Don Imus Dies At 79 Radio host Don Imus died Friday at 79. He was known for his biting take on politics and shock jock demeanor, including an infamous racist and sexist joke about the Rutgers women's basketball team.
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Don Imus Dies At 79

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Don Imus Dies At 79

Don Imus Dies At 79

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LEILA FADEL, HOST:

Longtime radio show host Don Imus died yesterday. He was 79 years old. According to a statement from his family, he'd been in the hospital since Christmas Eve, though no cause of death was given. Imus was equal parts influential and controversial.

As NPR's Andrew Limbong reports, he drew an audience with his caustic and offensive humor.

ANDREW LIMBONG, BYLINE: On his long-running show "Imus In The Morning," Don Imus could jump from an interview with a senator to doing an absurdist character, like his Dr. Billy Sol Hargis, an evangelist who thinks he's the other son of God. Here he is doing the bit on NPR in 1981.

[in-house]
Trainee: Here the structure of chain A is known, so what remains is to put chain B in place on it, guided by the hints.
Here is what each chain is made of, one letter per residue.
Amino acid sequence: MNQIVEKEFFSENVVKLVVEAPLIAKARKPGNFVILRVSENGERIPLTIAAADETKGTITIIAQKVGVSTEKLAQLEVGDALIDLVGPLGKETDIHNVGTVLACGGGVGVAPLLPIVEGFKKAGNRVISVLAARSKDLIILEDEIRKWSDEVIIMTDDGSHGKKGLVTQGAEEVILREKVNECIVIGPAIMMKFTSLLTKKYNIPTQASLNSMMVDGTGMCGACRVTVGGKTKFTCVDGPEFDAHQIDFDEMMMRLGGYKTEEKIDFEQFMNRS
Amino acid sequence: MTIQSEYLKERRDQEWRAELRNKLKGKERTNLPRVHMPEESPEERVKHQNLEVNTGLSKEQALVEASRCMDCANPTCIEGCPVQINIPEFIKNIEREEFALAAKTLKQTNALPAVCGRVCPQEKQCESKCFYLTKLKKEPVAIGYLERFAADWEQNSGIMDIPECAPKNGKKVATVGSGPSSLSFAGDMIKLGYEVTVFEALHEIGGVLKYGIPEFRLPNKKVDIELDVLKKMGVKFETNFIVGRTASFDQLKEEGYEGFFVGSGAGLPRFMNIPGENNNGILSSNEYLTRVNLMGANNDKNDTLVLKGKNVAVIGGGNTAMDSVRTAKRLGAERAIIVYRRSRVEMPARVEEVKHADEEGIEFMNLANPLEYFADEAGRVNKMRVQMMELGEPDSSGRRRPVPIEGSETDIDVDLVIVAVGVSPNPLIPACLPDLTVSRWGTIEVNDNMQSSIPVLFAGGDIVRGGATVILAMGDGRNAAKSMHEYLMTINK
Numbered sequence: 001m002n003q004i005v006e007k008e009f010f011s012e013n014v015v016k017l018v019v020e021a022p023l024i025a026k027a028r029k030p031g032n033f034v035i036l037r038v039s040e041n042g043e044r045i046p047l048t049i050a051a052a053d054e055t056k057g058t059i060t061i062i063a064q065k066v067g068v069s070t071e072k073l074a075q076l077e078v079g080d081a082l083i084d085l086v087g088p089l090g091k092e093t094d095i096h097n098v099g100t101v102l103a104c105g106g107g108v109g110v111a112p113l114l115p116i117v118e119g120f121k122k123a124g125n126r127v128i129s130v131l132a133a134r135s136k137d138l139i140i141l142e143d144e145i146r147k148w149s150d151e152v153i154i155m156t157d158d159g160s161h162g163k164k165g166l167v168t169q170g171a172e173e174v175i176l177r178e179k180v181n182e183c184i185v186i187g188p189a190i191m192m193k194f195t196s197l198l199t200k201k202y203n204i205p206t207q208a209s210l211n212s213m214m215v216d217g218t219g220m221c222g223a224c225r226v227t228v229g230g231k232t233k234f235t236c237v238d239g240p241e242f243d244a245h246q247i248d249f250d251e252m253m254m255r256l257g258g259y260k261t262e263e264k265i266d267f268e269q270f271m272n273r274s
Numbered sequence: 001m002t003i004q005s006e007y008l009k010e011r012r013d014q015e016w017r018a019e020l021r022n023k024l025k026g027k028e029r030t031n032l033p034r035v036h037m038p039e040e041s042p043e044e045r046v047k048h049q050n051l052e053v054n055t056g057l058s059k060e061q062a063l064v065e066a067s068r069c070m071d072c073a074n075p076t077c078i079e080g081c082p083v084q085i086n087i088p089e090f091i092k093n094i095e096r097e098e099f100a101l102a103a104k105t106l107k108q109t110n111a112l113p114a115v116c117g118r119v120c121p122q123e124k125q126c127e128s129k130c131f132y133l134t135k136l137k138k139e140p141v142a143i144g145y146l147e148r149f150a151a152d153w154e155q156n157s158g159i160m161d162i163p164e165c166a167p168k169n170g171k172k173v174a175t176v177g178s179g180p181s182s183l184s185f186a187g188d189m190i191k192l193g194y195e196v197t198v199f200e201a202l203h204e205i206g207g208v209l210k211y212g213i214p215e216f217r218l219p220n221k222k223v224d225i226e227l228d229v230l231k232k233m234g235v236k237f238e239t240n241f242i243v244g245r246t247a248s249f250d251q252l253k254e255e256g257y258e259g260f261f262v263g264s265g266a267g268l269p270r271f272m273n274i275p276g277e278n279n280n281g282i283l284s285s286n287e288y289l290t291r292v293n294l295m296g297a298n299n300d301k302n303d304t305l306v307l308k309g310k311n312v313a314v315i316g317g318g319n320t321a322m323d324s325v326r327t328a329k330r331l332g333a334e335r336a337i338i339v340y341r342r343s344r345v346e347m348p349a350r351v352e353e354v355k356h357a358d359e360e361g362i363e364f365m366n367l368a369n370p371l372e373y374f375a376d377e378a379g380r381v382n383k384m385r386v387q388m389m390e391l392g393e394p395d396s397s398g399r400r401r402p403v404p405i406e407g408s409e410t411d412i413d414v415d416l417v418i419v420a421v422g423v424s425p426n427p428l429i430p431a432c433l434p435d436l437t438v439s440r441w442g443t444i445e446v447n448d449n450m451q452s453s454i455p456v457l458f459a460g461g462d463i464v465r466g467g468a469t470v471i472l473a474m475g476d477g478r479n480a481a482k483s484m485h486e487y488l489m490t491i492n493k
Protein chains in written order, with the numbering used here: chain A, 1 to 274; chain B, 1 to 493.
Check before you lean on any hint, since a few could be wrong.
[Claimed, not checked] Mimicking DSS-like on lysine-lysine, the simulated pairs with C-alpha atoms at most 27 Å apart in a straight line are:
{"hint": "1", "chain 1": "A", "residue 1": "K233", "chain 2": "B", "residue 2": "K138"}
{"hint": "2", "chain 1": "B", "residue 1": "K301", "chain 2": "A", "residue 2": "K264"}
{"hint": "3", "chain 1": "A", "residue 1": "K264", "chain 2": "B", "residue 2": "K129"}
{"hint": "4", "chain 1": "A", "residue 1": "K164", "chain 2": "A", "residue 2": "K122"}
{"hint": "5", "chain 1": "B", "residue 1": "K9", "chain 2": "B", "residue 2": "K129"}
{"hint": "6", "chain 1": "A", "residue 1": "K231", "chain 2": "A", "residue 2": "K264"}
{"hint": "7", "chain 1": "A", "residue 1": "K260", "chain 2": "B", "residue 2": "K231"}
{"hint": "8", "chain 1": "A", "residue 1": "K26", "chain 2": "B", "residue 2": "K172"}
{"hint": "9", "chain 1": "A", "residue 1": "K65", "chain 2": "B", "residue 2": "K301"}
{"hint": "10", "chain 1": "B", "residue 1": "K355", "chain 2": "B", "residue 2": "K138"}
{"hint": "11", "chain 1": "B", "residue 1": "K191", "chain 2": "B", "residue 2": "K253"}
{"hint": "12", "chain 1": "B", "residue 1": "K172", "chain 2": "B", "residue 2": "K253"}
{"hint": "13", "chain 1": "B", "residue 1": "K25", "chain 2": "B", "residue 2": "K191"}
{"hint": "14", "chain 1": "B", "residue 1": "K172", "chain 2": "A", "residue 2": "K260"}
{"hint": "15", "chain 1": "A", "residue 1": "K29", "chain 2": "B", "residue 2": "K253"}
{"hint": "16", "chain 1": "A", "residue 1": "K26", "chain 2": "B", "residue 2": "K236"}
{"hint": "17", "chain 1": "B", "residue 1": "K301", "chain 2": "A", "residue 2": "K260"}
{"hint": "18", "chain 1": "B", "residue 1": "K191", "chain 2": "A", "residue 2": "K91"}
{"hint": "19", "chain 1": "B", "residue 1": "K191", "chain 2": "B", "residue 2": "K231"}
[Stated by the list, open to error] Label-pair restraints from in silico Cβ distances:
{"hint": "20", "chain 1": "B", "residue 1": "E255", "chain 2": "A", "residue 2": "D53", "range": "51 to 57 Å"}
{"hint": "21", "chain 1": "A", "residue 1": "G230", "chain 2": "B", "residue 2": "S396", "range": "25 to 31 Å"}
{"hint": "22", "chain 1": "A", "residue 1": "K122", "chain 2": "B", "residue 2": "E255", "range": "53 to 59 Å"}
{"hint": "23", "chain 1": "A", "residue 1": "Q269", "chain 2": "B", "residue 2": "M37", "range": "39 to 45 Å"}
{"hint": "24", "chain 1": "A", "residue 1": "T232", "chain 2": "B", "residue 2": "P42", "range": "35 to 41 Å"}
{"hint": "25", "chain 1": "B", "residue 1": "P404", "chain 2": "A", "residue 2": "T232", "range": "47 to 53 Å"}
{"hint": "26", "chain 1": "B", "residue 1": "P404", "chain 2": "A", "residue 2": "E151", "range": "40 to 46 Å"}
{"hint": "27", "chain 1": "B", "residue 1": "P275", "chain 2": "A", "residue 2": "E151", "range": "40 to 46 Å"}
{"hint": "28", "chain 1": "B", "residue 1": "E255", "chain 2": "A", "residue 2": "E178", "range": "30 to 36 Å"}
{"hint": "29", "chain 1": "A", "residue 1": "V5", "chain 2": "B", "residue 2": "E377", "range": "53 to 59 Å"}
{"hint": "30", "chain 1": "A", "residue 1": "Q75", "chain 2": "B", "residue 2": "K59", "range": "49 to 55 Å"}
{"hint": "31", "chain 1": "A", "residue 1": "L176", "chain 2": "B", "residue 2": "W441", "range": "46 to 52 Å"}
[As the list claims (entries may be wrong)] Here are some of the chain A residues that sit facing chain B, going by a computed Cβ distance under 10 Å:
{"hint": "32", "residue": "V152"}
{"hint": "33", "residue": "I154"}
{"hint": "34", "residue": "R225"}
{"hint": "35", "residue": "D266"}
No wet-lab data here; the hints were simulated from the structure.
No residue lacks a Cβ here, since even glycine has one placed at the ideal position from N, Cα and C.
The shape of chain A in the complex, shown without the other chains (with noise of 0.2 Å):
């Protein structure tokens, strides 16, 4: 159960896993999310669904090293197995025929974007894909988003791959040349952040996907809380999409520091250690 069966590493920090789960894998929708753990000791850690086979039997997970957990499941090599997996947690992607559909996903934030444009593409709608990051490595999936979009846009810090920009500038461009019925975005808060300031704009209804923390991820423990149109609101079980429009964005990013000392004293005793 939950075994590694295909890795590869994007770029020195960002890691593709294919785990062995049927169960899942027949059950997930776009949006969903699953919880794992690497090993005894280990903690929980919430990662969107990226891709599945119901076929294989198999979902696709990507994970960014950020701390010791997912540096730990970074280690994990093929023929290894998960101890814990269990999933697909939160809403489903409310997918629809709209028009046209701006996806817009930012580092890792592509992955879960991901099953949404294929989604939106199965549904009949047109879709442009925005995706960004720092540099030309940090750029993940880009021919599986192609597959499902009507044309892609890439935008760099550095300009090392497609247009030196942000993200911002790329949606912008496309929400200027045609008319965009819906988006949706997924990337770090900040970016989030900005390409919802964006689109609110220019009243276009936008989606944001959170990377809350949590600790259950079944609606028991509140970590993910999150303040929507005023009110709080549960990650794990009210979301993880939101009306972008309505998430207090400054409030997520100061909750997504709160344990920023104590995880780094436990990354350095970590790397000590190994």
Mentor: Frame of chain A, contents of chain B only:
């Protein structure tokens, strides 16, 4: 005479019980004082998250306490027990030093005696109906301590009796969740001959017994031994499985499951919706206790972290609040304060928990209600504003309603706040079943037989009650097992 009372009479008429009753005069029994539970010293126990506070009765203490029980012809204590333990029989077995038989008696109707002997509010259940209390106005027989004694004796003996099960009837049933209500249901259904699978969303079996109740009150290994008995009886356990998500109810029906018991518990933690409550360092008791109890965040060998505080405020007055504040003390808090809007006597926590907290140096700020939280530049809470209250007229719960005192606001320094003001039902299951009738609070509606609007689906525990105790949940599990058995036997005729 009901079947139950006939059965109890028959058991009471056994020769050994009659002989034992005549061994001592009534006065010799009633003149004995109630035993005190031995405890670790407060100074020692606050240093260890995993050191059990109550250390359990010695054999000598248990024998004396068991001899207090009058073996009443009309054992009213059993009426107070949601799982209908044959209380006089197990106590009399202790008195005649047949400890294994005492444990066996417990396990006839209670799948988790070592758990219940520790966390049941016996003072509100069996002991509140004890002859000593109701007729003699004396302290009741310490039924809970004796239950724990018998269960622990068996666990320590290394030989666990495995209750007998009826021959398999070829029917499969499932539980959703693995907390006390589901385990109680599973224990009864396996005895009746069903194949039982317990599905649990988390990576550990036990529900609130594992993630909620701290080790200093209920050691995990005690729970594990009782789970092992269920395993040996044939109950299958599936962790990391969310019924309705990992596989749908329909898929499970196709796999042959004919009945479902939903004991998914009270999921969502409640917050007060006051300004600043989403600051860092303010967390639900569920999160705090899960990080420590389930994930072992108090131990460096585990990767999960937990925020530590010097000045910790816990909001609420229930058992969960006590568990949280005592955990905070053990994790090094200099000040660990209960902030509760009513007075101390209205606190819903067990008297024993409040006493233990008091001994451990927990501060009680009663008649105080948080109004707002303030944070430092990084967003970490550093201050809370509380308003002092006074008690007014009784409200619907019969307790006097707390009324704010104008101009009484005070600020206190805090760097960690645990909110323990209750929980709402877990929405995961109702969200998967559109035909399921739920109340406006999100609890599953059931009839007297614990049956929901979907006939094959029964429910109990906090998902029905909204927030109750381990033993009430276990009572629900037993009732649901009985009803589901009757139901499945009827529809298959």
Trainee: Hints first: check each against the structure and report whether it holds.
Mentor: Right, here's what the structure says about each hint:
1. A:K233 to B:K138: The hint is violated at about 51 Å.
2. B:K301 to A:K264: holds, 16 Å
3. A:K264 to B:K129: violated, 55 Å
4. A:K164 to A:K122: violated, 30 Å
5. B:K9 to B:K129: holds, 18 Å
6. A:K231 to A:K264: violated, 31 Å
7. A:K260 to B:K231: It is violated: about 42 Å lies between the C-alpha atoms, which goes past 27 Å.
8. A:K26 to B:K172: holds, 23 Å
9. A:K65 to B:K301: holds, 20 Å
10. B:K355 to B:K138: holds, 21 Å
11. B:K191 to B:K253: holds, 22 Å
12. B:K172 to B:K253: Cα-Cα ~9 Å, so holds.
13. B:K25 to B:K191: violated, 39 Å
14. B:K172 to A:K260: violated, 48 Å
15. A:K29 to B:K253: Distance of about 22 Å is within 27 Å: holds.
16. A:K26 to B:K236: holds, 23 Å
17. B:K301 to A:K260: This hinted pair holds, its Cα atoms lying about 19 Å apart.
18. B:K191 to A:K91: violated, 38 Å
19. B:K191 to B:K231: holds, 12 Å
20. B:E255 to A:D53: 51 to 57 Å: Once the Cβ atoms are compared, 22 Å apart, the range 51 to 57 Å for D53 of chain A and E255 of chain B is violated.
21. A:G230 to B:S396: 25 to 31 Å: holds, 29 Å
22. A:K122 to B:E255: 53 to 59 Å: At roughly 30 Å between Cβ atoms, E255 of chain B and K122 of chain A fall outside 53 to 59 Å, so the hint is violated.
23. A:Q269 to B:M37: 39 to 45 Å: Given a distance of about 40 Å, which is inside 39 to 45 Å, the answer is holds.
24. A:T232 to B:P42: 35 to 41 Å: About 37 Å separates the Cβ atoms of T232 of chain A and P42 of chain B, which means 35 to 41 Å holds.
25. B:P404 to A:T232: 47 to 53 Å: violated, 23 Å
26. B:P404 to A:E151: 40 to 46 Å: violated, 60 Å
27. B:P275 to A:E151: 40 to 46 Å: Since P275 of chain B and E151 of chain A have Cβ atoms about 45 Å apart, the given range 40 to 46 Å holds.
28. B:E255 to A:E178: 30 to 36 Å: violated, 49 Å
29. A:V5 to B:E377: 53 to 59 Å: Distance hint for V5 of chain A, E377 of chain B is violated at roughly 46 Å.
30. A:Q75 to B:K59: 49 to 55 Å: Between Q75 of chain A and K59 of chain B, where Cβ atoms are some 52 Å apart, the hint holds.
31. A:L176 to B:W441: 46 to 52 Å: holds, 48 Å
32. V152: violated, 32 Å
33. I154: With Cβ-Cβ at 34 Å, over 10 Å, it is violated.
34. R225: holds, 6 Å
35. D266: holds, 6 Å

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DON IMUS: (As Dr. Billy Sol Hargis) Shall we all sing together? I don't care if it rains or freezes as long as I've got my plastic Jesus.

LIMBONG: He was known for his jokes, jokes that were often racist, homophobic and sexist. In 2007, he infamously made fun of the Rutgers women's basketball team, using racist and misogynistic language.

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IMUS: That's some nappy-headed h*** there. I'm going to tell you that now.

LIMBONG: The comment drew national criticism. Imus was fired by CBS, but he made his way back onto radio later that year. Brian Rosenwald is the author of the book "Talk Radio's America." He says Imus's audience wanted that kind of humor.

BRIAN ROSENWALD: They were the people who want to laugh at those jokes and were tuning in in part to hear those jokes because they felt like they had become marginalized, that the rules of the game had changed on race and gender and other issues.

LIMBONG: But Imus wasn't a strict partisan. He insulted the left, right, even his peers. Here he is taking a dig at Rush Limbaugh's politics at the 1996 Radio and TV Correspondents' Dinner.

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IMUS: I'm sick of him. The radio show, the television show, the stupid books and now men's ties - bold, vibrant, colorful and all designed to look great with a brown shirt.

LIMBONG: Imus continued doing his show until 2018, and his influence can be felt on radio and cable news today. Andrew Limbong, NPR News.

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